If you did fit it into the case, you’d have to paint everything but the ends of the fibers black, so there’s no light leakage. And whatever you did, you’d have to remove (replace?) the red lenses.

My other plan involves using 224 pixels from a monochrome LCD with the set of fibers. The backlight for the LCD would determine the color/brightness.

DogP: Giant laser pointer arrays would be the most efficient way of turning every VB gamers dream of melting peoples eyes out of their sockets into a reality πŸ˜€

No, but seriously, it would be really cool to display on a wall or something like that. I don’t know how you would get something that large to turn fast enough though… Sounds dangerous πŸ™‚

Sounds like you guys are all nuts… πŸ™‚ But go for it I mean after all a VBflash cart is released soon and they have been built before. If somebody would have told me that couple of years ago I would have guessed he’s nuts too. Personally I still like the red-blue TV output idea the most. If you really must burn your eyes out you can still hook it to a projector and point it right at your eyes πŸ™‚ No seriously that would be awesome to have your friends watching with 3d glasses.

Wow, lots of ideas. I didn’t think this post would get that many replies, but it sounds like you guys know a lot more than me about how you would go about this. Hope at one point somebody’ll do it :thumpup:.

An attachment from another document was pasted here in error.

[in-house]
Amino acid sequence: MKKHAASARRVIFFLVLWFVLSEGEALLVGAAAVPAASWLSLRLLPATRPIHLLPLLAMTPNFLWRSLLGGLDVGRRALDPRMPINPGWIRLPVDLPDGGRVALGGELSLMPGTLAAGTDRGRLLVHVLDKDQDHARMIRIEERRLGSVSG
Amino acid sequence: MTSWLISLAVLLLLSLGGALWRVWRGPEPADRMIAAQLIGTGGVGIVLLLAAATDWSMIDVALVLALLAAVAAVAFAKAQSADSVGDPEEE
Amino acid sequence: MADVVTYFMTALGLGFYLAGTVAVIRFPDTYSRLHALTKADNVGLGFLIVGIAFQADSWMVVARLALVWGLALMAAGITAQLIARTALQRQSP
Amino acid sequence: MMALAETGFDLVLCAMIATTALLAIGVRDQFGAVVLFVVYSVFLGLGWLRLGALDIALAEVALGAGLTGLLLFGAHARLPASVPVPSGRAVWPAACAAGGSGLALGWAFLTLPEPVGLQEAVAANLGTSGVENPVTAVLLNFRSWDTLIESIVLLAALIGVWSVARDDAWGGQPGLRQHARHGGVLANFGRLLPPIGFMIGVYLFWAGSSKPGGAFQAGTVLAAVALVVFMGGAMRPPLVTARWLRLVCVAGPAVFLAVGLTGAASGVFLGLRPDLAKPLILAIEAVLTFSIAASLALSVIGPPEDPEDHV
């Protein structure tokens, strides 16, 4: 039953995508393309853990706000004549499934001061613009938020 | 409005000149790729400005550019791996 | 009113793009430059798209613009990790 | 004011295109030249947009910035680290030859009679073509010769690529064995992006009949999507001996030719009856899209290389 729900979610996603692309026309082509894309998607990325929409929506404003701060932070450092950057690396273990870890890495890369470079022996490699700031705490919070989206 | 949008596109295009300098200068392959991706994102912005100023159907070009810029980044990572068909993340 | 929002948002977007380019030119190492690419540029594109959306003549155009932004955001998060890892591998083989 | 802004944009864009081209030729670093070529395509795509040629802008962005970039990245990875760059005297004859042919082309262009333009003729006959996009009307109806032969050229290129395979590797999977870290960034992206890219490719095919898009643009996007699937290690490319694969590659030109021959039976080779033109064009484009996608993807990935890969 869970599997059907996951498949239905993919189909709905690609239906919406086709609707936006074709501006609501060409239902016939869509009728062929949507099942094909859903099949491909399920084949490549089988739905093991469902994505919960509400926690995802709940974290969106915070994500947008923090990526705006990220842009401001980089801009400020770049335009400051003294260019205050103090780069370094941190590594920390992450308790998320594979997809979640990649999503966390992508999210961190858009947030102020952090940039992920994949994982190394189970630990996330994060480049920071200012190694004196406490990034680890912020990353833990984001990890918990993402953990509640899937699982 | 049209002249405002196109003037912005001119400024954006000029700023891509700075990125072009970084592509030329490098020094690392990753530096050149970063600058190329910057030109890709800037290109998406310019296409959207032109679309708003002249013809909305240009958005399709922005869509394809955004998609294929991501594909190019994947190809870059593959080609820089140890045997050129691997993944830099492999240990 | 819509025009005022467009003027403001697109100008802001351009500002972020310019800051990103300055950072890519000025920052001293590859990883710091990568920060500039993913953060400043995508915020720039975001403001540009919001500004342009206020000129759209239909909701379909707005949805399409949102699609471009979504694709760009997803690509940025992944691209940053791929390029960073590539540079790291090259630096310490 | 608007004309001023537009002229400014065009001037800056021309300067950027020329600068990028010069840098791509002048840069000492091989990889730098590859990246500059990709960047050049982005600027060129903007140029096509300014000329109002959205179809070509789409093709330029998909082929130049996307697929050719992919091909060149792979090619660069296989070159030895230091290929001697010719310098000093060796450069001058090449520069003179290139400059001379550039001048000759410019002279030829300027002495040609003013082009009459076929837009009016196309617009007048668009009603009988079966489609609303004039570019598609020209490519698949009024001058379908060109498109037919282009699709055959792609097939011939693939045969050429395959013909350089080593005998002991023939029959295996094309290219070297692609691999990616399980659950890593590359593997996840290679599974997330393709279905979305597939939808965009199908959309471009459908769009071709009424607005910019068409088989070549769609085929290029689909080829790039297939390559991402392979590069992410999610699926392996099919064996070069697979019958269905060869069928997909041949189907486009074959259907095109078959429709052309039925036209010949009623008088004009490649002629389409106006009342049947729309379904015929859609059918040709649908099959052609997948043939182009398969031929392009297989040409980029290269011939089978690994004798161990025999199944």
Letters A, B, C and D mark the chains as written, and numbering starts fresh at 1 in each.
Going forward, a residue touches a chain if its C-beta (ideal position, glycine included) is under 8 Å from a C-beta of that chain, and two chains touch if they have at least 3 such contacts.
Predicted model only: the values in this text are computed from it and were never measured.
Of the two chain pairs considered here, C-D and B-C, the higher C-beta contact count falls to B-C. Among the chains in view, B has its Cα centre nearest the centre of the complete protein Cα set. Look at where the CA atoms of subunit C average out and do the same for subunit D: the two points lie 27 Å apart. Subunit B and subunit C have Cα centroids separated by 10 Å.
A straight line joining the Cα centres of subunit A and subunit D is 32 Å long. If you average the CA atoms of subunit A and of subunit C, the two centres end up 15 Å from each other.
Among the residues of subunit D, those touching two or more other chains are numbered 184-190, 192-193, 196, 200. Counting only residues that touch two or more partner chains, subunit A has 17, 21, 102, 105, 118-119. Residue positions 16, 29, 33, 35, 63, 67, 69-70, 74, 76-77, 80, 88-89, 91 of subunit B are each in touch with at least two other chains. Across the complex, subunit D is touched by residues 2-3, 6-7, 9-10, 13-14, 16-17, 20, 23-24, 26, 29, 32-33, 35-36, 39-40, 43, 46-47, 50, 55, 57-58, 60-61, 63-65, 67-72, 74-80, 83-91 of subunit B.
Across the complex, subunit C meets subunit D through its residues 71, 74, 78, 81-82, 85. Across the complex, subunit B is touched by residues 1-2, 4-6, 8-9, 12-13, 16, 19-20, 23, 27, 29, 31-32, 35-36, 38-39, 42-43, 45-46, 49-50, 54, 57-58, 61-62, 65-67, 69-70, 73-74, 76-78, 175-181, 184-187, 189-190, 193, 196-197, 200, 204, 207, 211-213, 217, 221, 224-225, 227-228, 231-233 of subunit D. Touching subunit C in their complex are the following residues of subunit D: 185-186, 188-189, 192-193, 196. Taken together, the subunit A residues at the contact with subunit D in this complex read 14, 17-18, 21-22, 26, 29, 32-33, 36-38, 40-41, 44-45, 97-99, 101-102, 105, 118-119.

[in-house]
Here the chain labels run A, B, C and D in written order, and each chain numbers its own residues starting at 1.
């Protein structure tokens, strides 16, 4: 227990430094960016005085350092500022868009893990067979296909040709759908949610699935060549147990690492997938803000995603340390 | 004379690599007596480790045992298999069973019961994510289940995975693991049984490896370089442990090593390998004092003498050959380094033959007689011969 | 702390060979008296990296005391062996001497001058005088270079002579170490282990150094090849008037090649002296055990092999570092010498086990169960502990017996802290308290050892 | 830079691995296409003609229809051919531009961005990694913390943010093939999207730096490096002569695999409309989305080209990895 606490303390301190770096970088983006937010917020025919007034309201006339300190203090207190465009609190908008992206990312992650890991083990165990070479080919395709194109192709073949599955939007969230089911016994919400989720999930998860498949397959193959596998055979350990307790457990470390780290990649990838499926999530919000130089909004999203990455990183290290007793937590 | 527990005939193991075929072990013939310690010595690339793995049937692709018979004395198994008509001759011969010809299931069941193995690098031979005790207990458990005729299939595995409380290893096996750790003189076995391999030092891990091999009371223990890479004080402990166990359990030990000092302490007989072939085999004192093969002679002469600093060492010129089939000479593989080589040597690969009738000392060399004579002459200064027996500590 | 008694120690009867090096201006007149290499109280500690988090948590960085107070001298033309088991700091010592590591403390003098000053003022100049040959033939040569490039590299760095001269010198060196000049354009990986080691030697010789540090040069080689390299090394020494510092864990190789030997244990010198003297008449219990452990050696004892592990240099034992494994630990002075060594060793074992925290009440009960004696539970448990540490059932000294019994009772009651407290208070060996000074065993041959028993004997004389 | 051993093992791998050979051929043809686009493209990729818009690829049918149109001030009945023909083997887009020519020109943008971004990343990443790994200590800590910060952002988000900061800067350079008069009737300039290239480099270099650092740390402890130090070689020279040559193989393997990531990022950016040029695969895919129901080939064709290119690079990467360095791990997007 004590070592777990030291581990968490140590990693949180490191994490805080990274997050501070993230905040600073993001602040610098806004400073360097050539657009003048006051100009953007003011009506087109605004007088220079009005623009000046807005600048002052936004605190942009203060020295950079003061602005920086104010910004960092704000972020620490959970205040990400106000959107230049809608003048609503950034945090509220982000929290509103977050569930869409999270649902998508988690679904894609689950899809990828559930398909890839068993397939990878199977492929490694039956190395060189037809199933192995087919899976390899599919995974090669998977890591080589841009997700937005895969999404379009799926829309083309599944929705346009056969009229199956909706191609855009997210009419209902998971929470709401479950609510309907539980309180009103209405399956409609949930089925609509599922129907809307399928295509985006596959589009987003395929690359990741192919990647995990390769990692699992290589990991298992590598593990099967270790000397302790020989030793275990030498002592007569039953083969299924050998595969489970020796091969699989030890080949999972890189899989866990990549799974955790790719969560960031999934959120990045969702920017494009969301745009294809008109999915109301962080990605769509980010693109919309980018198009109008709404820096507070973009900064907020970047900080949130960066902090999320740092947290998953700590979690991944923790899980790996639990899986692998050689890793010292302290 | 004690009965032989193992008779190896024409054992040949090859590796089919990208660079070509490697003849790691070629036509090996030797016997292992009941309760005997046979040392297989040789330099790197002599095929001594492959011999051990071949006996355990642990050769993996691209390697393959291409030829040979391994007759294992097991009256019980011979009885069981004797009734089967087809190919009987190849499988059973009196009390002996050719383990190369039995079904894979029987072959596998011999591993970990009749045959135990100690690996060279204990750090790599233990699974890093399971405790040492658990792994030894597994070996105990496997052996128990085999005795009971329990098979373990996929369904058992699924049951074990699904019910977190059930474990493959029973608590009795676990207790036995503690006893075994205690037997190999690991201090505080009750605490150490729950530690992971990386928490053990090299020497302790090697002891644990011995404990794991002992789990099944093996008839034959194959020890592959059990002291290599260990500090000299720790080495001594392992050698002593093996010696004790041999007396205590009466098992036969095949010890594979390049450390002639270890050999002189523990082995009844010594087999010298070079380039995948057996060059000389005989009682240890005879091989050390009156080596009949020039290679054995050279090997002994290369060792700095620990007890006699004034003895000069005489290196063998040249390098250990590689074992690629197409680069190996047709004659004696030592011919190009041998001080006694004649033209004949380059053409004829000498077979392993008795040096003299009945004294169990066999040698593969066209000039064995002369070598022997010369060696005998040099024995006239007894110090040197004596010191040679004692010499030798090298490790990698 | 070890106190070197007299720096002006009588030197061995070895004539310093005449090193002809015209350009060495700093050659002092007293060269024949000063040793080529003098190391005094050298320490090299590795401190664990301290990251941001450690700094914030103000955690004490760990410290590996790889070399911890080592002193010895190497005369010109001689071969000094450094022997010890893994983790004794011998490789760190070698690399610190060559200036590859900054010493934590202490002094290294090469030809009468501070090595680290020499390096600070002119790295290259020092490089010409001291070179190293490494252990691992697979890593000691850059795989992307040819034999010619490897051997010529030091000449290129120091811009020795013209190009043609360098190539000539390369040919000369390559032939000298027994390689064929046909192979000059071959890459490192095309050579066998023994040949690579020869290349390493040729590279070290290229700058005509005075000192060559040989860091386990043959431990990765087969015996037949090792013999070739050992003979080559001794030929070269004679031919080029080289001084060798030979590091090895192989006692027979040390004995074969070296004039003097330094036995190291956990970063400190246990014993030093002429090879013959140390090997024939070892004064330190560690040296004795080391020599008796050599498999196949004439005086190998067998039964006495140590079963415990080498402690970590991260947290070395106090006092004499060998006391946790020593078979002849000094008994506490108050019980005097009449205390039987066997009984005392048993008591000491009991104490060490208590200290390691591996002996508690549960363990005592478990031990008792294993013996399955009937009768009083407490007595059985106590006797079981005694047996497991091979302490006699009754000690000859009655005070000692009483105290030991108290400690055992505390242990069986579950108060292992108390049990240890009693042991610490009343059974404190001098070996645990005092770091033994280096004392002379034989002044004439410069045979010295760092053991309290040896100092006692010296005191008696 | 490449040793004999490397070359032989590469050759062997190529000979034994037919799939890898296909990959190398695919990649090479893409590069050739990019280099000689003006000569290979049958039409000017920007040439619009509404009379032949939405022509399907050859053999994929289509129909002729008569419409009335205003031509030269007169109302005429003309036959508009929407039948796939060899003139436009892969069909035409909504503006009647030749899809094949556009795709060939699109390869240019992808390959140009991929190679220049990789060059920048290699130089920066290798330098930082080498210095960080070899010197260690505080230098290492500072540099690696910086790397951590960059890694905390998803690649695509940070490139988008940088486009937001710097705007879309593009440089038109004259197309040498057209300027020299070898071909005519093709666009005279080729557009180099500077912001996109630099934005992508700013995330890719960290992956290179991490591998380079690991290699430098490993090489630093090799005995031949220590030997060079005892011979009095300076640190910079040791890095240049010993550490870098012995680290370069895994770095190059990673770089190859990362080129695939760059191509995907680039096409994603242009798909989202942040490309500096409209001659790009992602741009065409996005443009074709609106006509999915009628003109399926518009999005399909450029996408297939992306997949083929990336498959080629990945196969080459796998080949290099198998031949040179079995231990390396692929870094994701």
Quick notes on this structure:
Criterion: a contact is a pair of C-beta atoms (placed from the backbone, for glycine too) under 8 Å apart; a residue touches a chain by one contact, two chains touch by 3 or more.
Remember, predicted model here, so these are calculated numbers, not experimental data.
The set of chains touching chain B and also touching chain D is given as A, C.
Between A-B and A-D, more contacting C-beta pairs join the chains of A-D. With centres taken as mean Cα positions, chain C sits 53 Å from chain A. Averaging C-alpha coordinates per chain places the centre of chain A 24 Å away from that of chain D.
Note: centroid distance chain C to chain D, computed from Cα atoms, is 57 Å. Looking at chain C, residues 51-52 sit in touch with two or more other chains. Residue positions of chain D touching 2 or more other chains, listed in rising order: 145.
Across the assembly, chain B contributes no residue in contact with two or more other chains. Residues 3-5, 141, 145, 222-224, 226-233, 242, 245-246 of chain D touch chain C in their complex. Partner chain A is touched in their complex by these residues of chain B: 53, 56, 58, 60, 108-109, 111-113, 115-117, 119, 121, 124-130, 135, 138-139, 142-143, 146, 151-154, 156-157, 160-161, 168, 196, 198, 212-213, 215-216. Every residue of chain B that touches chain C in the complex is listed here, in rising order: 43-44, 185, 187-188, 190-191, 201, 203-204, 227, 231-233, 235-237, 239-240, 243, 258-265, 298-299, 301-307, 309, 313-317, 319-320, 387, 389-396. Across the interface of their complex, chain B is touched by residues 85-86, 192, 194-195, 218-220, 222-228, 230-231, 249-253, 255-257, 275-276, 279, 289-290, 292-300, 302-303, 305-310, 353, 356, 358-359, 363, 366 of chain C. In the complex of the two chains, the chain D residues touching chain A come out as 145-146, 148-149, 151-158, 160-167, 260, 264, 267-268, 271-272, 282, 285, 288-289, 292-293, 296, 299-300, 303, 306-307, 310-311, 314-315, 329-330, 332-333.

Heh, yeah… TV output is definitely MUCH higher on the priority list than my LaserVB πŸ˜› . It’s just fun to think of projects that I’d do if I had infinite time on my hands. I think the laser one could be done w/ 224 lasers though… you get 5ms for one eye, then 5ms of nothing, then 5ms for the other eye, then 5ms of nothing. That should be plenty of time.

I do think it’d be pretty tough to do the laser that scans both vertically and horizontally though (the shift from all the way down to all the way up would be tough). The easiest solution to that would be 32 lasers that scan vertically opposite and meet in the middle (the top basically “hands off” the display to the bottom half)… then when it gets to the bottom, the upper one is already at the top, and when the top half gets to the middle, the bottom is at the middle ready to go to the bottom.